Nothing fights the reality of becoming disabled after exertion, stress, etc., w/ CFS. Both muscle cells and neurons are affected. And other cell types. Anything putting out ATP in the mitochondria, and probably involving endorphins-for-pain, the need for new protein synthesis or cell regeneration, and the creation of lactic acid, all seem to be involved in the crippling pathology. One consequence is that there seems to be a virtual anoxia or starvation of cells, which in itself can cause physical pain, etc. Vascular changes, lactic cramping, hypersensitivity, can all cause pain. And, either as a cause or an effect, the body wages a war at some pathogen which is real or imaginary - we do not yet know. (CFS is not contagious. It may have a genetic component. CFS can cause genetic changes). There is a hyper-immune reaction against past viruses, etc., as well, even though they maybe be long gone. Well, this reaction not only causes a serious, constant "flu", but it releases immune chemicals into the brain, which results in a whole different source and dynamic of pain - very severe, what these chemicals can do to the brain, ergo the body. Simultaneous sub-acute inflammation and dehydration of the brain occur, also being sources of pain.
So, anyway, none of this can really be turned around. Once the exertion or stress has occurred, all this is going to happen, a day or two later. The painful "down-time" can last for days or weeks, depending on the intensity of the insult, and: these "relapses" can build cumulatively, meaning that each successive relapse is worse and longer-lasting. This cumulative effect occurs either when too many insults are hitting the subject along a specific span of time or, (another way of saying the same thing), when the subject fails to recover from each and all preceding relapses. The ability to "recover" is limitted, so there will always be some cumulative effect. Even if I, e.g., fail to rest enough after focusing on the computer/screen, I will incur "focusing headache" (migraine) the next time I do the same, more-so and more-so if failing to rest sufficiently, and requiring a geometrically increasing need for sleep, even as insomnia increases.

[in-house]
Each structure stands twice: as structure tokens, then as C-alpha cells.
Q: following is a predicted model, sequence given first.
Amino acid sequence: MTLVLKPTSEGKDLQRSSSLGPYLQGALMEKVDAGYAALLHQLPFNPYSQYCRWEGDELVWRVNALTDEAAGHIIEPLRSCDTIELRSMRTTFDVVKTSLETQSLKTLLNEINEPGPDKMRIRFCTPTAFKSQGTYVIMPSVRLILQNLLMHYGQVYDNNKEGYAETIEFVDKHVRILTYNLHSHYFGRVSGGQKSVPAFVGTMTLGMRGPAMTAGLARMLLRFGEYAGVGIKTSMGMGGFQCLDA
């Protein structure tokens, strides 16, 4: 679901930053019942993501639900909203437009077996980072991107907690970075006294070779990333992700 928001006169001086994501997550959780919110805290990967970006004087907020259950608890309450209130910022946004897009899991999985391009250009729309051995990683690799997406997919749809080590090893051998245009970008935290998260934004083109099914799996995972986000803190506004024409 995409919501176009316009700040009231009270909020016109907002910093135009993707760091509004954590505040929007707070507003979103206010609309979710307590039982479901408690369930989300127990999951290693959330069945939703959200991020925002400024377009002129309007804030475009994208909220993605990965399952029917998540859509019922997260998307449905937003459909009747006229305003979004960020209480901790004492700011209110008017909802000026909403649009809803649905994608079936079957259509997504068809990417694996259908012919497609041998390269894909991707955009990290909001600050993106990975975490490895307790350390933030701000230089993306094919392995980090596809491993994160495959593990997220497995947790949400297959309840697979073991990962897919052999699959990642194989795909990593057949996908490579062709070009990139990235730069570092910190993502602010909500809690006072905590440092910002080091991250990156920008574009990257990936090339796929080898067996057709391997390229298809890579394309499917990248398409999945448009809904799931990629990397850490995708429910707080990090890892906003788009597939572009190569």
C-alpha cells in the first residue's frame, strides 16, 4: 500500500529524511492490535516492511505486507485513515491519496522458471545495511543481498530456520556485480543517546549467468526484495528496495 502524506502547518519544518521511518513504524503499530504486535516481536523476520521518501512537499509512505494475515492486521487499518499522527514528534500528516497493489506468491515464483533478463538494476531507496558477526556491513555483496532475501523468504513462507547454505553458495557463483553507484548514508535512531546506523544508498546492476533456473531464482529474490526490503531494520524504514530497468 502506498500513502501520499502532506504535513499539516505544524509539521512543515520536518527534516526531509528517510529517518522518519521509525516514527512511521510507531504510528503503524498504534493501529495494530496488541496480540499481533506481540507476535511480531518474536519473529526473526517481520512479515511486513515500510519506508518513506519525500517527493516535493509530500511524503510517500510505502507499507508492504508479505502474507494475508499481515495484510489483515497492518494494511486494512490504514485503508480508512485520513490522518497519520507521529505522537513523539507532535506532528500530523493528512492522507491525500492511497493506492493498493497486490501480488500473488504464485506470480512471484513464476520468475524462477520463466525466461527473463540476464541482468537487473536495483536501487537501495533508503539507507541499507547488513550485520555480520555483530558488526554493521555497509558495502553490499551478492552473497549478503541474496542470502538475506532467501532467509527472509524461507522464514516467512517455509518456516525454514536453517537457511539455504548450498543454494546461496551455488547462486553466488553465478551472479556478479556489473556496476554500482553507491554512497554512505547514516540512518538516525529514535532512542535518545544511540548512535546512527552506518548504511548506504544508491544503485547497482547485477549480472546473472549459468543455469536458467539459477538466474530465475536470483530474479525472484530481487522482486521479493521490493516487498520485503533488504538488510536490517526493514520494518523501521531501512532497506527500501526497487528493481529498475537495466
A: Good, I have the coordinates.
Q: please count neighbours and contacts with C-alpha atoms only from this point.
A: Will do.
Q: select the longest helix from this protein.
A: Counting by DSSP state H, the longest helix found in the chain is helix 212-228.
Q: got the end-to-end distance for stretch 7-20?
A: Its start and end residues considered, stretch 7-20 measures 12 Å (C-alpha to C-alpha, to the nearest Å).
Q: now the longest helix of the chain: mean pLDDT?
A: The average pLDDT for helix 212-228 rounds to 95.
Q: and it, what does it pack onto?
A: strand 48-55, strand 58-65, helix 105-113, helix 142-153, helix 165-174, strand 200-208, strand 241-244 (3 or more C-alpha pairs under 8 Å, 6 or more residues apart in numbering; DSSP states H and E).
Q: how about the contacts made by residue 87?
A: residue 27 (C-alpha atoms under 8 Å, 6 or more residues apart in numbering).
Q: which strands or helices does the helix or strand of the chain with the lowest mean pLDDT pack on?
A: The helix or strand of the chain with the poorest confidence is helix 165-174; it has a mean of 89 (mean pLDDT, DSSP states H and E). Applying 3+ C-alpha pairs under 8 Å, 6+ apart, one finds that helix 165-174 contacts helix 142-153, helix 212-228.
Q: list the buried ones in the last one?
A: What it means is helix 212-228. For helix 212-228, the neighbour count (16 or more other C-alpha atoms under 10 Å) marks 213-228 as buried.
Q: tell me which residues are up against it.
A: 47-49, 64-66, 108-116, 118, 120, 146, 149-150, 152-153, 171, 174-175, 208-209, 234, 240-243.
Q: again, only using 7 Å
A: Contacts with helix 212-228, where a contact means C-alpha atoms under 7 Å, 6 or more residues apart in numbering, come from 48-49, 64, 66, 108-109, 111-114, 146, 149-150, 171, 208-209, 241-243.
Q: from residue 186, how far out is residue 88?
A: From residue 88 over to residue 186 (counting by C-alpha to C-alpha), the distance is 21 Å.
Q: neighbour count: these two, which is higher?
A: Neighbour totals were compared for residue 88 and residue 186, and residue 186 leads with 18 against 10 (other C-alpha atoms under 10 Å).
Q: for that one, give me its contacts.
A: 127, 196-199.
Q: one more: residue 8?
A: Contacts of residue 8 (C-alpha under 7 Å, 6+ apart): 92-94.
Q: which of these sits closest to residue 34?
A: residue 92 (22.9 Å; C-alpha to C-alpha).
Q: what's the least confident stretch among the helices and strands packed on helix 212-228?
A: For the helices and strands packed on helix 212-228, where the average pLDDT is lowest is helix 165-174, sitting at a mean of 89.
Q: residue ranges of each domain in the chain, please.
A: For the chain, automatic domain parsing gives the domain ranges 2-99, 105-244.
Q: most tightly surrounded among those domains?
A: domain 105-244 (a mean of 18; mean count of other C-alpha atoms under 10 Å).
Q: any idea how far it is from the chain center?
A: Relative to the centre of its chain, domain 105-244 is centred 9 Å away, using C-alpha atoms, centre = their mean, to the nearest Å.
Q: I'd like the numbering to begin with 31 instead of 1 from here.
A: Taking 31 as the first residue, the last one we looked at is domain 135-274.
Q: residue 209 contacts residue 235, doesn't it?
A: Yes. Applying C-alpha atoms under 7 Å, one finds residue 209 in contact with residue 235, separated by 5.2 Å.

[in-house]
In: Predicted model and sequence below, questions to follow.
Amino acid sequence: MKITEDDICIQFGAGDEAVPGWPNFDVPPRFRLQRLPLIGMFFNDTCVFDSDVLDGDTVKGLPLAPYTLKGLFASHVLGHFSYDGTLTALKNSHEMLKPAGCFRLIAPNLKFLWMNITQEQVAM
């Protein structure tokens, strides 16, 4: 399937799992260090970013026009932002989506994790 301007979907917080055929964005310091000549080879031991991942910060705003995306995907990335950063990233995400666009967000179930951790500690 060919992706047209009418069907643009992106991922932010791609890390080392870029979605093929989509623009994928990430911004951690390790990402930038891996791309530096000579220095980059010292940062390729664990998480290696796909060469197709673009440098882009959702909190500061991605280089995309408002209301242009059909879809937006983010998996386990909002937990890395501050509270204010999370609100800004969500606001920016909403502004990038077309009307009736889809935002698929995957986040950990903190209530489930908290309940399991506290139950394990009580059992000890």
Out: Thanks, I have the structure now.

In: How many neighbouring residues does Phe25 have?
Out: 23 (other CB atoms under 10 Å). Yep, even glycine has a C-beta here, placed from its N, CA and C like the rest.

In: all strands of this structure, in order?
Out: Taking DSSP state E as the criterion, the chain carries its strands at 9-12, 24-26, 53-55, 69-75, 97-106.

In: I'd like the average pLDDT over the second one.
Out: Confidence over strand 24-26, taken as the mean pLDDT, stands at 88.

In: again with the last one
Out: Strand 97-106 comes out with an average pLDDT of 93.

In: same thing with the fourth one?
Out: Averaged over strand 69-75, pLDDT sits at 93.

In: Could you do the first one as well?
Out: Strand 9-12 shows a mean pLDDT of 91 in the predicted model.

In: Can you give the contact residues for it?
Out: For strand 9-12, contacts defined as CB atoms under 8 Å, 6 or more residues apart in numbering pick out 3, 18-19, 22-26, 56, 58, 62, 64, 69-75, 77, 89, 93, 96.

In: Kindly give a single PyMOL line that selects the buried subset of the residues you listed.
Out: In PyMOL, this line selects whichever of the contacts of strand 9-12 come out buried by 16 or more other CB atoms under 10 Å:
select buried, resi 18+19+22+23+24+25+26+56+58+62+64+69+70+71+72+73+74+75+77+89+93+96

After insufficient recovery, just walking outside can result in the body cramping up the next day, trying to build up lactic acid, and causing more fatigue, shutting things down, etc.
There is no getting around this, however, once I am coming out of a "relapse" there are a few things that actually do help me...
- garlic* - (which mainly works against fungus/yeast and micobacteria, in this case)
- lysine - (an amino acid, in high does, helps push back herpes-type viruses. There seems to be a problem w/ HHV-6 in the brain's left hemisphere, which has some influence on the immune system. Co-factor Vitamin B6)
- turmeric - (reduces inflammation and anti-oxidants, has antiviral properties)
- zinc - (along w/ lysine, fights viruses and helps with many of the body's important enzymes - co-factor Vitamin C)
- magnesium - (always necessary to help muscles, heart, brain, enzymes - co-factor Vitamin C)
- melatonin - (in tiny amounts, encourages sleep. But, over a few days, can encourages own body's melatonin levels to decrease, intensifying insomnia, and handicapping pineal gland, and the brains daily "chemical rythm")
- benedryl - (1/3rd tab, helps lessen allergic component of hyper-immune state, which is not a lot, but it helps; and can so reduce stress and encourage sleep. Can cause brain/focusing/etc. problems if used too much / too often).
- fish oil - (helps brain, sleep)
- Vitamin E - (over time, this vitamin is very helpful, although observing the improvement may not be easy even scientifically)
- Completely avoiding sugars, gluten, and things associated with food allergies in some folks, also helps.
I have mainly been eating nuts lately, and they seem to be giving me a tiny belly. Nuts - who would have thought. But it's a nice belly. Good fats.
I may be taking my dog for a mile-walk to a new vet, who probably will be draining the embolism on his ear. Hopefully we are not too late, preventing permanent cauliflower ear. Walking my dog even a block is a challenge. If you knew him you would understand. But we have been having fun lately, now that I am a little better. I asked him to bite me and he did this weird biting face. It was funny.